Lastly, read and research. Stop spending countless hours on social media or glued to the tv/phone and instead read about personal finance for an hour a day. We created a list of our favourite books, blogs, and podcasts on our blog if anyone is interested in starting off there.

Q16. Do you have anything else you would like to share with me and my readers?

I think you exhausted my brain with your extensive list of questions – kudos Bob for a great set of questions to FIRE at me (pun indented)! The only thing I’d add is that all of these concepts apply regardless of your age. A lot of people think ‘oh I wish I knew all of this when I was younger but it’s too late for me now’. While you will benefit from compound interest the sooner you start, taking control of your finances can happen at any age regardless your current situation! Take my mom for example. She was 62 with $45,000+ in consumer debt and now she’s 66 with all her debt paid off and $23,000 in savings all because of a money mindset flip. And you know what, she’s such a happier and more appreciative person now that she understands what really brings happiness to her life. If you’re nearing retirement without any savings, you aren’t alone. Don’t let that stop you from figuring out how to live an intentional life. Thanks Bob for having me on!

Thank you very much Cour and Nic for participating in the financial independence interview! I really enjoyed what you have shared and the great insights you have provided. Having dual citizenship certainly makes it tricky when it comes to tax considerations. I didn’t know that US doesn’t recognize RRSP and TFSA!

Dear readers, are you enjoying the Canadian Financial Independence Interview Series? Are you a Canadian that is financially independent or retired early from your career? Or close to reaching this key financial milestone? If so, I would love to have a chat with you. Give me a shout!

And in case you want to read the other interview series.

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15 thoughts on “FIRE Canada Interview #12 – Being a valuist”

  1. Great interview Bob ! A great summary to your questions from Courtney on where they have been and where they are going in the life of financial independence. Nice having been able to meet both of you in person now with such different approaches to personal finance but yet so very similar. I like that your series shows how we can all reach the same destination but with vastly different means.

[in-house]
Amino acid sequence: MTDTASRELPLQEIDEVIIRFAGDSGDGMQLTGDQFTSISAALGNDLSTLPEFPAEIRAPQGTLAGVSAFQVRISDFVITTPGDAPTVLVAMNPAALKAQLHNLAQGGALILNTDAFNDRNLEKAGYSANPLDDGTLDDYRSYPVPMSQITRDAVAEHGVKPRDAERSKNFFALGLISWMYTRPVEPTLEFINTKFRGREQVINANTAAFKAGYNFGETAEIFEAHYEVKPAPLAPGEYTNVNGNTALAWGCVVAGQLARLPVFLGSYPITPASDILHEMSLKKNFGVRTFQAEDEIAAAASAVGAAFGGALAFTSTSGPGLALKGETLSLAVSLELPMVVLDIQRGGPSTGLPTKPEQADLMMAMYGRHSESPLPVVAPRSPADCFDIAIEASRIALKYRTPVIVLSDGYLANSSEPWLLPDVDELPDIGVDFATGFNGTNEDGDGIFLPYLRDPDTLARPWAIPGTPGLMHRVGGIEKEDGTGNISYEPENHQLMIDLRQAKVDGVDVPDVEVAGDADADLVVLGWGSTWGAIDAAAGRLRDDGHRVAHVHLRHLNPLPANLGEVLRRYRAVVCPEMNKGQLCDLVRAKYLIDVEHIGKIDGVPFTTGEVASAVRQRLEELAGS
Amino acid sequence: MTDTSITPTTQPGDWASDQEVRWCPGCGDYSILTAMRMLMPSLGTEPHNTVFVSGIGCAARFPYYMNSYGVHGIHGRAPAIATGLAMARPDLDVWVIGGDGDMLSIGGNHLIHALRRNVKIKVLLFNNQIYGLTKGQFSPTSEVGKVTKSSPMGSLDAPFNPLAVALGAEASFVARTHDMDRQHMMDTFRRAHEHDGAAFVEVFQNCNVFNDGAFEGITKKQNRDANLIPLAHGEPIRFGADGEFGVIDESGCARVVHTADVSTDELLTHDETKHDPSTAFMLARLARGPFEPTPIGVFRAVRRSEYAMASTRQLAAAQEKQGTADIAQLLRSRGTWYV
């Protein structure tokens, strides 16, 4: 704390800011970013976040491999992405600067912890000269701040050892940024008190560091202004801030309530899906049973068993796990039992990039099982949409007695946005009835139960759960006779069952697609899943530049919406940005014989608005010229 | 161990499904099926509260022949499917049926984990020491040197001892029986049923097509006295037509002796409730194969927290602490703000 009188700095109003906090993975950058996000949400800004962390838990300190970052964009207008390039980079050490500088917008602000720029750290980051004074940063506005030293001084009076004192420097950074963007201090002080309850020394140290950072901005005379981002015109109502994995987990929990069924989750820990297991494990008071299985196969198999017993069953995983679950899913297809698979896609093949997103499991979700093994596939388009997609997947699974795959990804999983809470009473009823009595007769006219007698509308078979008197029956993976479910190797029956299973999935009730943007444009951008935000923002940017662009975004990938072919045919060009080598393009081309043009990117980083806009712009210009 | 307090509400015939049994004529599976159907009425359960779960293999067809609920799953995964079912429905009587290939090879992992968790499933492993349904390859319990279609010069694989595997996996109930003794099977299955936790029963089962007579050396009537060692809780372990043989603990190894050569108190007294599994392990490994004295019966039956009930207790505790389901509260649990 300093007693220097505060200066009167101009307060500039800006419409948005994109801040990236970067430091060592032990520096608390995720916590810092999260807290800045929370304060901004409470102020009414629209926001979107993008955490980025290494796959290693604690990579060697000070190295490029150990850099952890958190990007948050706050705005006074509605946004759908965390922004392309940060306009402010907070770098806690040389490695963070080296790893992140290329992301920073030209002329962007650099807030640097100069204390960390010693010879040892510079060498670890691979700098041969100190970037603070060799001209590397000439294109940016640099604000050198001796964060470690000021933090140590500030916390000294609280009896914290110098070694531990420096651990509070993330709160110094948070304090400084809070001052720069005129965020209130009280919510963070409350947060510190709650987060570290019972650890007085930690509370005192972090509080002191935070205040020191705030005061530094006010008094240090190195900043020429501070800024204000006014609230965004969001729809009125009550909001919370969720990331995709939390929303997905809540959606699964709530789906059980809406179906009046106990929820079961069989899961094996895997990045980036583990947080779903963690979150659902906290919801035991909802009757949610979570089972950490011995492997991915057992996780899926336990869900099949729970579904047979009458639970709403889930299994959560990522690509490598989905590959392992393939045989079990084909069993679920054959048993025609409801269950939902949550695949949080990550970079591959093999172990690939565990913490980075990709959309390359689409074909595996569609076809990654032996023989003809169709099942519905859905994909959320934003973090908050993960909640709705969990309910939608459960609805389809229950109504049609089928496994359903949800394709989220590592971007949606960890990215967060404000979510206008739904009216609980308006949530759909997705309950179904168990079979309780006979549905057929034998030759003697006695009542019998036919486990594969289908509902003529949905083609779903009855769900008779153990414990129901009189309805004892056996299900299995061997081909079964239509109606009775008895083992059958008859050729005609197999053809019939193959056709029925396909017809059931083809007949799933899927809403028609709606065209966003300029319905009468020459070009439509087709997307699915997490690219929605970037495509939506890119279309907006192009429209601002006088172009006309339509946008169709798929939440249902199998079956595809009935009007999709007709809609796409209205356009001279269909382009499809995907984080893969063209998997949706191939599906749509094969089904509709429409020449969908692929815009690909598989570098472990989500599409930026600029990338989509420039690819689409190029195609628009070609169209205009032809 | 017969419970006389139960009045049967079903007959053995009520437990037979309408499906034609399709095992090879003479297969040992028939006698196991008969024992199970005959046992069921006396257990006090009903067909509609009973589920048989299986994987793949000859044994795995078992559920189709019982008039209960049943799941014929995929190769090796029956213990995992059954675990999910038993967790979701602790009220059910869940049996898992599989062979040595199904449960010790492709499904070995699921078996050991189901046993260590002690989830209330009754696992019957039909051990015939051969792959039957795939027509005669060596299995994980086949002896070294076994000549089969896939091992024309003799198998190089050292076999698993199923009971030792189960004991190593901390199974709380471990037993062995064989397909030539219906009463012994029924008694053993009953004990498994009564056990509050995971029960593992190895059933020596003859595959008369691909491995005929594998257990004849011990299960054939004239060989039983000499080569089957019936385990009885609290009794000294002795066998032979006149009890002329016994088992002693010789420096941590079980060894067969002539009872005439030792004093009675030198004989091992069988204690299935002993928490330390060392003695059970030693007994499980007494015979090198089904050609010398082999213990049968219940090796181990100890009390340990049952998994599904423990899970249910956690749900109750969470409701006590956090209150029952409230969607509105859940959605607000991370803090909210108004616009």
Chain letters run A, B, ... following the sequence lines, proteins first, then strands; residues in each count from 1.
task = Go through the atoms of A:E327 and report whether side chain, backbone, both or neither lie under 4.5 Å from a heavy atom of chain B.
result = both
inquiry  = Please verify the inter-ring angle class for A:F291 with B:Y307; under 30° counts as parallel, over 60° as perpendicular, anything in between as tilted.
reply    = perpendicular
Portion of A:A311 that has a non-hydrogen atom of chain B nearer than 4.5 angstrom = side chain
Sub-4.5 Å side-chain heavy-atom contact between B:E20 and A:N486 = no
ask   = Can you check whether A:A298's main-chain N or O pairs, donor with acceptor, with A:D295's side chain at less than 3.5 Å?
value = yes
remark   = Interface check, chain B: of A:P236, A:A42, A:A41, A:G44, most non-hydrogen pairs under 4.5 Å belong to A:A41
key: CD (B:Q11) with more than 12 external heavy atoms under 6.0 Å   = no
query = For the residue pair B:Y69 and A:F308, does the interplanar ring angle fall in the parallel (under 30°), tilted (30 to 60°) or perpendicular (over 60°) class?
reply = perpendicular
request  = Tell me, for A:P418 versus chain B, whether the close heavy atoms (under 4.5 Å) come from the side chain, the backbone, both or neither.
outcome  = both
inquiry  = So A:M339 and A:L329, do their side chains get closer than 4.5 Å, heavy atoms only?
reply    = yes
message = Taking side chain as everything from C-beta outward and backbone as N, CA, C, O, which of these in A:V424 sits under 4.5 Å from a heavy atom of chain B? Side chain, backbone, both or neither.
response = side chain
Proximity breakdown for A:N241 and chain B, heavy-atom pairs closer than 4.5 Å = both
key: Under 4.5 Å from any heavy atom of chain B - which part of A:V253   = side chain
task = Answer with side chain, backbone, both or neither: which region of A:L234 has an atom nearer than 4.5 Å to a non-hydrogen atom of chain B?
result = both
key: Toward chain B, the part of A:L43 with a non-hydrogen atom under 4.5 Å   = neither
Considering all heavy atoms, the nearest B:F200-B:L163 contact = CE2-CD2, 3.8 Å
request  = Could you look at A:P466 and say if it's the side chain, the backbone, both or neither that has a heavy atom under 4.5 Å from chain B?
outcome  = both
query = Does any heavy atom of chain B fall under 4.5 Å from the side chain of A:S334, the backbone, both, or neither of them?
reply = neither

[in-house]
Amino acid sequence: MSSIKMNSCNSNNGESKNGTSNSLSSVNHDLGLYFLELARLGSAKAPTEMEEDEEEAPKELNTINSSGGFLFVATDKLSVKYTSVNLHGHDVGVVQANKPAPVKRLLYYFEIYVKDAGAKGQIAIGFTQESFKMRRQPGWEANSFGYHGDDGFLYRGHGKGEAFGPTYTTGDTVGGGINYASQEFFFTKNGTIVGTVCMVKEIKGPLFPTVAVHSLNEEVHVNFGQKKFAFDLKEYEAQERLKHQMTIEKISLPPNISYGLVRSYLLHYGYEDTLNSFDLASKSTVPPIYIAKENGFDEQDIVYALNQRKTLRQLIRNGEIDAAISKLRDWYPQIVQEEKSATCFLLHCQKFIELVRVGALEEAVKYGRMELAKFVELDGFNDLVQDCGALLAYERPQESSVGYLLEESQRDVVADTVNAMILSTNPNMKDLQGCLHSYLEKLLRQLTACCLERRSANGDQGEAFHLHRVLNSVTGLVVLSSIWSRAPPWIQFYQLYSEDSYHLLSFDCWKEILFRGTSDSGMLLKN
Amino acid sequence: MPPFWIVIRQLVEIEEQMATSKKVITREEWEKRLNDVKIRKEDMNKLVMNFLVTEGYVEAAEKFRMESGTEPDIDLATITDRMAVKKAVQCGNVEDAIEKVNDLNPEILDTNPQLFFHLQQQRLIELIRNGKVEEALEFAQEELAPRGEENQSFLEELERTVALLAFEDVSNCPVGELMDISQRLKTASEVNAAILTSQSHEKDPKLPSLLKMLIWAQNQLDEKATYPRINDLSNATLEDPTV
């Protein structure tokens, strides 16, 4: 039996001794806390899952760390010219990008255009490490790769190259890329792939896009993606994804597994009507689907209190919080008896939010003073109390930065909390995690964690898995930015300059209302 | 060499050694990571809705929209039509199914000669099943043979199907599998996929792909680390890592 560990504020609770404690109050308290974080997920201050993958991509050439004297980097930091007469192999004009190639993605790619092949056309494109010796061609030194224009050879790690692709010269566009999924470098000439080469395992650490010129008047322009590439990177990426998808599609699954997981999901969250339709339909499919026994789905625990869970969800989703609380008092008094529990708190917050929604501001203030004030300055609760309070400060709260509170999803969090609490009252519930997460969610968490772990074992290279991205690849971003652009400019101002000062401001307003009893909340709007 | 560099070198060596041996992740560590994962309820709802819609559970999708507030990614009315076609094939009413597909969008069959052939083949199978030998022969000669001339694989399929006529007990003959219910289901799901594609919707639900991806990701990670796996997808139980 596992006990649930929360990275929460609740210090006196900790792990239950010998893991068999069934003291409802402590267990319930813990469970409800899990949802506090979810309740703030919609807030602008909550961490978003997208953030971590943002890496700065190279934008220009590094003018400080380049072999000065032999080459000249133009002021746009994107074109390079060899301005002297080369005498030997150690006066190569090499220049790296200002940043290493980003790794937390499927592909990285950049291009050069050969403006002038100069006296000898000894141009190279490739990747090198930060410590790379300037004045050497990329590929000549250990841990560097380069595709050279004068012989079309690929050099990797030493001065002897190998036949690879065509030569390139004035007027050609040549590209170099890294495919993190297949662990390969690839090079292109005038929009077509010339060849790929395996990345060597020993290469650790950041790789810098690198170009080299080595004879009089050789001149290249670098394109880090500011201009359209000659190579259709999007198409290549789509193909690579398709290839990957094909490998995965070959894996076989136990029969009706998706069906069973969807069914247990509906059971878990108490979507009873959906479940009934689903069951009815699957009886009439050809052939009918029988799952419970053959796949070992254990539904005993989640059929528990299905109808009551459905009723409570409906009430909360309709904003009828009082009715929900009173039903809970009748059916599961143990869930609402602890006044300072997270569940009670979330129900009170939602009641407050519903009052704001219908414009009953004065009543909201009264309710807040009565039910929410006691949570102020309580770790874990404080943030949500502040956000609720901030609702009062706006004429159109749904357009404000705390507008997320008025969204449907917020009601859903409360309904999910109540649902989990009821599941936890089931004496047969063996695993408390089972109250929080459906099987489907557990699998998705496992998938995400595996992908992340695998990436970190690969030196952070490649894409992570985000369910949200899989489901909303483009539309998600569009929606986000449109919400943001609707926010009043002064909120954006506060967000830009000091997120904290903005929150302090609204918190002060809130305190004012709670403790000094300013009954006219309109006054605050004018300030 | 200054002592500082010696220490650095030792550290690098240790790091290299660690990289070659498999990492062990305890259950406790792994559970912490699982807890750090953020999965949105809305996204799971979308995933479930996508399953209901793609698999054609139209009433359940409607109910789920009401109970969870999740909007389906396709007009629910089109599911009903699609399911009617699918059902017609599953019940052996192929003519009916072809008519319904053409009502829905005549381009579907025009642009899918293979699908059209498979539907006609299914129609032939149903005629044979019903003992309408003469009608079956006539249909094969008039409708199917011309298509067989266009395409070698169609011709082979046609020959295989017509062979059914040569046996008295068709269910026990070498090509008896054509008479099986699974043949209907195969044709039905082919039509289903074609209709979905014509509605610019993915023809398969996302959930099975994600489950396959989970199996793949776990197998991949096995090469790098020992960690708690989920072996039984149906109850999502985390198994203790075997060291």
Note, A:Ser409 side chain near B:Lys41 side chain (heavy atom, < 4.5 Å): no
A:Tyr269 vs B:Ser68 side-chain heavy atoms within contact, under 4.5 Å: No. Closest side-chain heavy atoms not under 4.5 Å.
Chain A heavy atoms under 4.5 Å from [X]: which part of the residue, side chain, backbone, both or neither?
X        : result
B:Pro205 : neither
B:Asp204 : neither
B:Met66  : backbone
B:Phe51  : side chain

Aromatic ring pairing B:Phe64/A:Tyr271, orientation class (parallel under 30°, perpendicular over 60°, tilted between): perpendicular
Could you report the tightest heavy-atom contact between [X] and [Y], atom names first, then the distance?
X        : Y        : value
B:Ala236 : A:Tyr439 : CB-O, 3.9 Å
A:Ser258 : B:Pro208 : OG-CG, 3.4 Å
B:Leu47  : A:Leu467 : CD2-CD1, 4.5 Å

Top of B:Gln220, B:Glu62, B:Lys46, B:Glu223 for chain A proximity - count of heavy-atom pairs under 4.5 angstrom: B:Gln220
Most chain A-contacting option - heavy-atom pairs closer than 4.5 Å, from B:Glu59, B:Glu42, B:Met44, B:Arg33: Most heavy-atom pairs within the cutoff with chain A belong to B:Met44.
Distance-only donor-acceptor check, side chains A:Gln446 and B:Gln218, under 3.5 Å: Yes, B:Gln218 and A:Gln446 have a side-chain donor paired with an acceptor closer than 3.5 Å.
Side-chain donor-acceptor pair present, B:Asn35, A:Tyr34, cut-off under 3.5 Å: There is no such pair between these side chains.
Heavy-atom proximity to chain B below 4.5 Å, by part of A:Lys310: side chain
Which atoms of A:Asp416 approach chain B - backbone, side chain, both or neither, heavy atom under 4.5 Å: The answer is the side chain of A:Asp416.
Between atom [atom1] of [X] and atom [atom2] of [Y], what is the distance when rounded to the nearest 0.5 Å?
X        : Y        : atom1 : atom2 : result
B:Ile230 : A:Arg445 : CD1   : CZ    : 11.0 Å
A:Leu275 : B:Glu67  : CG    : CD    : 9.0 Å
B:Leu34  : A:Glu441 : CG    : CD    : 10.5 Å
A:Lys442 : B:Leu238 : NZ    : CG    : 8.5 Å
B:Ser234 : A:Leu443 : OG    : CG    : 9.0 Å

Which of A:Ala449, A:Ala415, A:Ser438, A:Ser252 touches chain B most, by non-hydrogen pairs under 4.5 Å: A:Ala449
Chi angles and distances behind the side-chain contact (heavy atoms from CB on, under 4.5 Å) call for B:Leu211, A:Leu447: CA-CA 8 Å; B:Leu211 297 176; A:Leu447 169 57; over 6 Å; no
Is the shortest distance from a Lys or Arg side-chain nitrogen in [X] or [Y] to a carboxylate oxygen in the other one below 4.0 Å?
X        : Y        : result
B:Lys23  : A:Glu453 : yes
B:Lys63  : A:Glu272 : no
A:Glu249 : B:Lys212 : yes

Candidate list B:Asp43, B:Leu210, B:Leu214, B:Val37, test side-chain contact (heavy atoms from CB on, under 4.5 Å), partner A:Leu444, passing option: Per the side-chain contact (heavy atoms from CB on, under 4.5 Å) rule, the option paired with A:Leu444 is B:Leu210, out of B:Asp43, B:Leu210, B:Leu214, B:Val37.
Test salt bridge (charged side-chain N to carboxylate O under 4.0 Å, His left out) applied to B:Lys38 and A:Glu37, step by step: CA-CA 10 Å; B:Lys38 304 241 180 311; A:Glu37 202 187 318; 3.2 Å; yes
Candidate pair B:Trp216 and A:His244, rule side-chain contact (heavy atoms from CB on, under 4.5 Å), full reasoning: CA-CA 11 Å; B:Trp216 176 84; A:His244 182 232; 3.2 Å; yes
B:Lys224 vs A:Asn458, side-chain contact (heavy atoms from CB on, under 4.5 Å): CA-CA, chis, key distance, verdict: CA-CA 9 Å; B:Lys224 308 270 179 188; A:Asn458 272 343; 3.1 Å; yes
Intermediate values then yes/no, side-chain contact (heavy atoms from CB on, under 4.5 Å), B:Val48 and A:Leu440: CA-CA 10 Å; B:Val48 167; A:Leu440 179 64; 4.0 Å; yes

Reply
    • Thanks for chiming in Chris 🙂 There definitely isn’t a one-size-fits-all route to financial independence. It’s all about creating a happy life along the journey and enjoying the ride, knowing that the end goal is sweet sweet freedom.

      Reply
    • Thank you Chris. Court has provided some really good insights. I really enjoy interviewing Canadians who have reached FI, RE, or close to these major financial milestones.

      Reply
  2. Great post but I have to admit that when I read “ Court and her wife Nic” it thew me for a moment than I got the modern family reference

    Reply
  3. “It’s an incredible feeling knowing that my job needs me more than I need it.” I love this line!
    Thanks for sharing your journey. Going to part time work to free up time to spend with loved ones and pursue the simple pleasures that enrich your life is a fantastic move. We regret the chances we don’t take. Congratulations!

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    • Thank you for this note! Yes, the move to part time was hands down the right choice. I honestly feel like I don’t work anymore yet we’re still able to have a 50% savings rate off my one part time income. All of my coworkers have asked if I’m doing some sort of other job on top of this one. Absolutely not! As you mentioned, I’m enjoying the simple things in life and able to spend TIME with my family 🙂

      Reply
  4. As is always the case with Court, this interview was so detailed, interesting, and inspiring. I LOVED it. You and Nic are so driven and successful, yet you do a wonderful job of balancing things so that you’re already living your best life now. I never tire of hearing/reading your story!

    Reply
  5. Bob – thank you for another great interview.

    Court – congratulations to you and Nic on reaching FI. You mentioned that you plan to use Roth Conversion Ladder to access funds in 401k. Won’t the conversion from 401k to Roth IRA be considered Canadian Contribution and make the tax deferral election on Roth IRA invalid?

    See page 2 of this RBC post on the topic –
    https://ca.rbcwealthmanagement.com/documents/359011/946626/Moving+to+Canada+with+a+US+Roth+IRA.pdf

    Let me know your thoughts.

    Thank you!

    Reply
    • Hey Bhramar – thanks for this note. As alluded to above, I’ve been digging into our withdrawal strategy quite a bit the past few months since I wrote this post and there have been a few changes from my end. Our Plan A is to withdraw from cash, high interest savings accounts, Canadian taxable accounts, and US taxable accounts first before touching any tax advantaged accounts. Looking at our latest numbers, this will put us right around 65 which is when we can adjust over to OAS + GIS + TFSA until 72. Then after 72, we can start touching our tax differed accounts (401k in the States and RRSP in Canada) as we will be forced to with RMDs and RRIFs. So I think we can avoid a Roth conversion completely if we have to (based off current rules). There also is the option to convert our 401k directly over to a RRSP which we are looking into as well. All I know that is certain, is that we have time to figure out the best path forward as we have a hefty amount in cash, savings, & taxable accounts and the rules likely will change by the time it comes to tapping our tax advantaged accounts. The US/Canadian rules/treaties are very complicated and not user friendly!!

      Reply